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A review of the last two decades in investing

Investing, as is life itself, is as much about the journey as the destination – and it has been quite the journey since 2003. While past performance is no guarantee of what the future will be like, it does present a good chance to test investing principles against the real-world experience of the past two decades.

It has certainly been an interesting ride with four share market drops of more than 10% and two where the fall went past 20%. But global financial crises, a global pandemic and geopolitical events like war in Ukraine affected a lot more than just our investment portfolios. However, the value of taking a long-term view is the lesson that really jumps out.

The good news when you look at investment returns since December 2003 to November 2022 is investors have been rewarded for the risk they have taken on.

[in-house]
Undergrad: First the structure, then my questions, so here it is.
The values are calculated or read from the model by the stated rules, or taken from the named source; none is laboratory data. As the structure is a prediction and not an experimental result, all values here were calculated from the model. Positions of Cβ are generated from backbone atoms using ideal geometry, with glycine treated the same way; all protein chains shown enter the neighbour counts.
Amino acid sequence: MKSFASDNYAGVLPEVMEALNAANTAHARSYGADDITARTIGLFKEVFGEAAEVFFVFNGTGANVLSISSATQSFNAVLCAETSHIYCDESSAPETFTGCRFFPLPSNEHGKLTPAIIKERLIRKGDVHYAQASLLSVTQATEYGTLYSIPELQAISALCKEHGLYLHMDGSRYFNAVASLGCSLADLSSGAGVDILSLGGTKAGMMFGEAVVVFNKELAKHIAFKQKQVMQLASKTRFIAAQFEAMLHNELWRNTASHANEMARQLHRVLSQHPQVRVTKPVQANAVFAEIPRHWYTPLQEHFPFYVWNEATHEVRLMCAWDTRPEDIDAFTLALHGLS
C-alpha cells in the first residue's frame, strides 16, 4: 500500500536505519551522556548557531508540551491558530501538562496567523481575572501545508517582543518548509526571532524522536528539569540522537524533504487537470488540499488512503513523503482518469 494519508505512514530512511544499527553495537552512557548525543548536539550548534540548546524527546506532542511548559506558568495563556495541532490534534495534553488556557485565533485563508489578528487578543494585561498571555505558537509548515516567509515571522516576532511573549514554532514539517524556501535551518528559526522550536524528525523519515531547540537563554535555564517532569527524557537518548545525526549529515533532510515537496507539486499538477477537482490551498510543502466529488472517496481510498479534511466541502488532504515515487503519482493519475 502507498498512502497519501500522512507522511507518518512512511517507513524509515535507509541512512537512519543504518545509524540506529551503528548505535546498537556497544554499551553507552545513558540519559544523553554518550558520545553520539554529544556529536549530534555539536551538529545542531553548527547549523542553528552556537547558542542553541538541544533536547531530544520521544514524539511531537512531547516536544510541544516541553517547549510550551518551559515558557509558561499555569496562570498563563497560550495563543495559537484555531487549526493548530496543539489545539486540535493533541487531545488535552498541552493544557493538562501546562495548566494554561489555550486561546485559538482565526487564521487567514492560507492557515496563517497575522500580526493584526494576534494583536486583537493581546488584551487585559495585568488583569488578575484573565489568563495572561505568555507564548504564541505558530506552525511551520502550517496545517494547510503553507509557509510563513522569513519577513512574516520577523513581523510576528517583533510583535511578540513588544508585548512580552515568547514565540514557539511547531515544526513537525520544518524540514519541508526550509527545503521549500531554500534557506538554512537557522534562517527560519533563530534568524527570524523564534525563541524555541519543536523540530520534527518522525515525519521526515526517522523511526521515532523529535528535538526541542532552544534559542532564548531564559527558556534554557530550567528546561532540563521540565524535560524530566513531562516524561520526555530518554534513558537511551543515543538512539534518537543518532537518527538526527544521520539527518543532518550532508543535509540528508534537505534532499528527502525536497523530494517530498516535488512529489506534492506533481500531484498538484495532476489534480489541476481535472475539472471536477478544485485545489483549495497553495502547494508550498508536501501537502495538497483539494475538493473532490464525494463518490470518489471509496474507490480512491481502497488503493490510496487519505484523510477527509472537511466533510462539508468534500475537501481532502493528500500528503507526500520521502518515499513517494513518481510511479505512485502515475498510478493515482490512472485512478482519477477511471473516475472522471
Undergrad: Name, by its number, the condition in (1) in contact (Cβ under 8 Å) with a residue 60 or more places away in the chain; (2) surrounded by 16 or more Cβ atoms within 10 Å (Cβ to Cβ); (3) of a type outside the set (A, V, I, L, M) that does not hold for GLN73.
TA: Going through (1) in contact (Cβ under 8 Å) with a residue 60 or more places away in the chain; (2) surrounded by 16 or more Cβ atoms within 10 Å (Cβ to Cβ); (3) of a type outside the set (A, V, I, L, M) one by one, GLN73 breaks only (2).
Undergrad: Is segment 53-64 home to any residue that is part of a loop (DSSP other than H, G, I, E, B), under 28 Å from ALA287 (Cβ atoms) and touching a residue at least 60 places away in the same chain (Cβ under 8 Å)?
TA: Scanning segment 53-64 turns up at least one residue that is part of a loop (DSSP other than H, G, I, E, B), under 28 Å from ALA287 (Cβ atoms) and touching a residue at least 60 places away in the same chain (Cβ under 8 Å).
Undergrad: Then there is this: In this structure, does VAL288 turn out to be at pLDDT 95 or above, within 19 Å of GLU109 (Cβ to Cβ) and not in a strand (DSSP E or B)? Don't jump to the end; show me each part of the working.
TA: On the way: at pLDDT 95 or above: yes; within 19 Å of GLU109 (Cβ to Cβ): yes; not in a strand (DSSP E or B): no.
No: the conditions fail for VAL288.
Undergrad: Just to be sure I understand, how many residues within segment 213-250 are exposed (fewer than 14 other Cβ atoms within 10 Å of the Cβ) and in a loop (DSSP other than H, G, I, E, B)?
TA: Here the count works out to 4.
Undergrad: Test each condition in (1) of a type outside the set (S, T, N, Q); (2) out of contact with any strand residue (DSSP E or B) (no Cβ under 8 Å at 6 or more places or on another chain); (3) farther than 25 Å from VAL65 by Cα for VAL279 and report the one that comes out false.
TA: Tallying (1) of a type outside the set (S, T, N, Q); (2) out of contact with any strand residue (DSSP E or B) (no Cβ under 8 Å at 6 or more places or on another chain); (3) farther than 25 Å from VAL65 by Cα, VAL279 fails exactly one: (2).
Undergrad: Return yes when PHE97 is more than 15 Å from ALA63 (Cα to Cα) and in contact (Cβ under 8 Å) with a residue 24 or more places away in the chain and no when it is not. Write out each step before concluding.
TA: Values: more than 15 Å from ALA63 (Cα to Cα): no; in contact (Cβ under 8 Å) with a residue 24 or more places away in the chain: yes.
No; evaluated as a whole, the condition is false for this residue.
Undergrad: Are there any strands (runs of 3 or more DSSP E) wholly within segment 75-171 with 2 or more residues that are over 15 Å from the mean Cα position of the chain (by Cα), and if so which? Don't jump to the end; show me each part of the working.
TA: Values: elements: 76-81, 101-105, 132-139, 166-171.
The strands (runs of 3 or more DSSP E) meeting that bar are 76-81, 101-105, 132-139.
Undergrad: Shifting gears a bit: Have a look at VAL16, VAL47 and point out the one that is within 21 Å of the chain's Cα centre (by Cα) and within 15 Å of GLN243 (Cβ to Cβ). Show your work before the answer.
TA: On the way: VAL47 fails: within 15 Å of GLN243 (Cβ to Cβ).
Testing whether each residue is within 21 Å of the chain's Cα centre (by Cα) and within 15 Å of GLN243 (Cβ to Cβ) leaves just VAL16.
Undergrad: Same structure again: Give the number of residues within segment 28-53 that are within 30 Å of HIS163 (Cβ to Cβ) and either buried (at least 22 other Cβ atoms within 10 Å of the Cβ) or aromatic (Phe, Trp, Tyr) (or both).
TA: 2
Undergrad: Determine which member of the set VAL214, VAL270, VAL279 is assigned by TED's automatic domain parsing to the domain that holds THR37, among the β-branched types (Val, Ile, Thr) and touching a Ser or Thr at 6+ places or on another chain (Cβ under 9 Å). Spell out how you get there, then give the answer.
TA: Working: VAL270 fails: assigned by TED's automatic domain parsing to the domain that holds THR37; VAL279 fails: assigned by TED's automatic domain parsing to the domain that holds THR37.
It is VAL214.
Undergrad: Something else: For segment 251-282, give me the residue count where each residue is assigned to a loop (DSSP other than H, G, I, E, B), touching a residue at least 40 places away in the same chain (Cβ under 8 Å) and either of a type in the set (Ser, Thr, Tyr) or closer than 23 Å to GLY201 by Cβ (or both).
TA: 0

• A growth portfolio (70% growth assets/30% defensive) saw $10,000 in December 2003 deliver a 7.4% return and grow to approximately $38,700.

  • A conservative portfolio – which enjoyed a much more stable return path with a 5.8% return was worth approximately $29,100 at the end of the same period.

  • A high growth portfolio (90% growth assets/10% defensive) delivered return of 8.2% and was worth approximately $44,500*.

Since December 2003 the highest performing asset class was US shares thanks to a return of 10% which would have turned $10,000 in to approx $60,800. Australian shares, by comparison, delivered 9.0% and a value of approx $51,200. It’s important to note that investors who had 100% of their portfolio in US or Australian shares had a dramatically more volatile journey than those who opted for a diversified portfolio. If they could handle the volatility then they enjoyed the rewards but surely one of the lessons from the past two decades is that we all need to factor in risk as well as return.

Some Super fund options have higher risk levels than others so invest the time to understand your fund’s portfolio – and particularly as you approach retirement you may want to dial the risk exposure down. The value of having a written financial plan shines through because it will remind you of why you were investing in the first place and the goals that are important to you.


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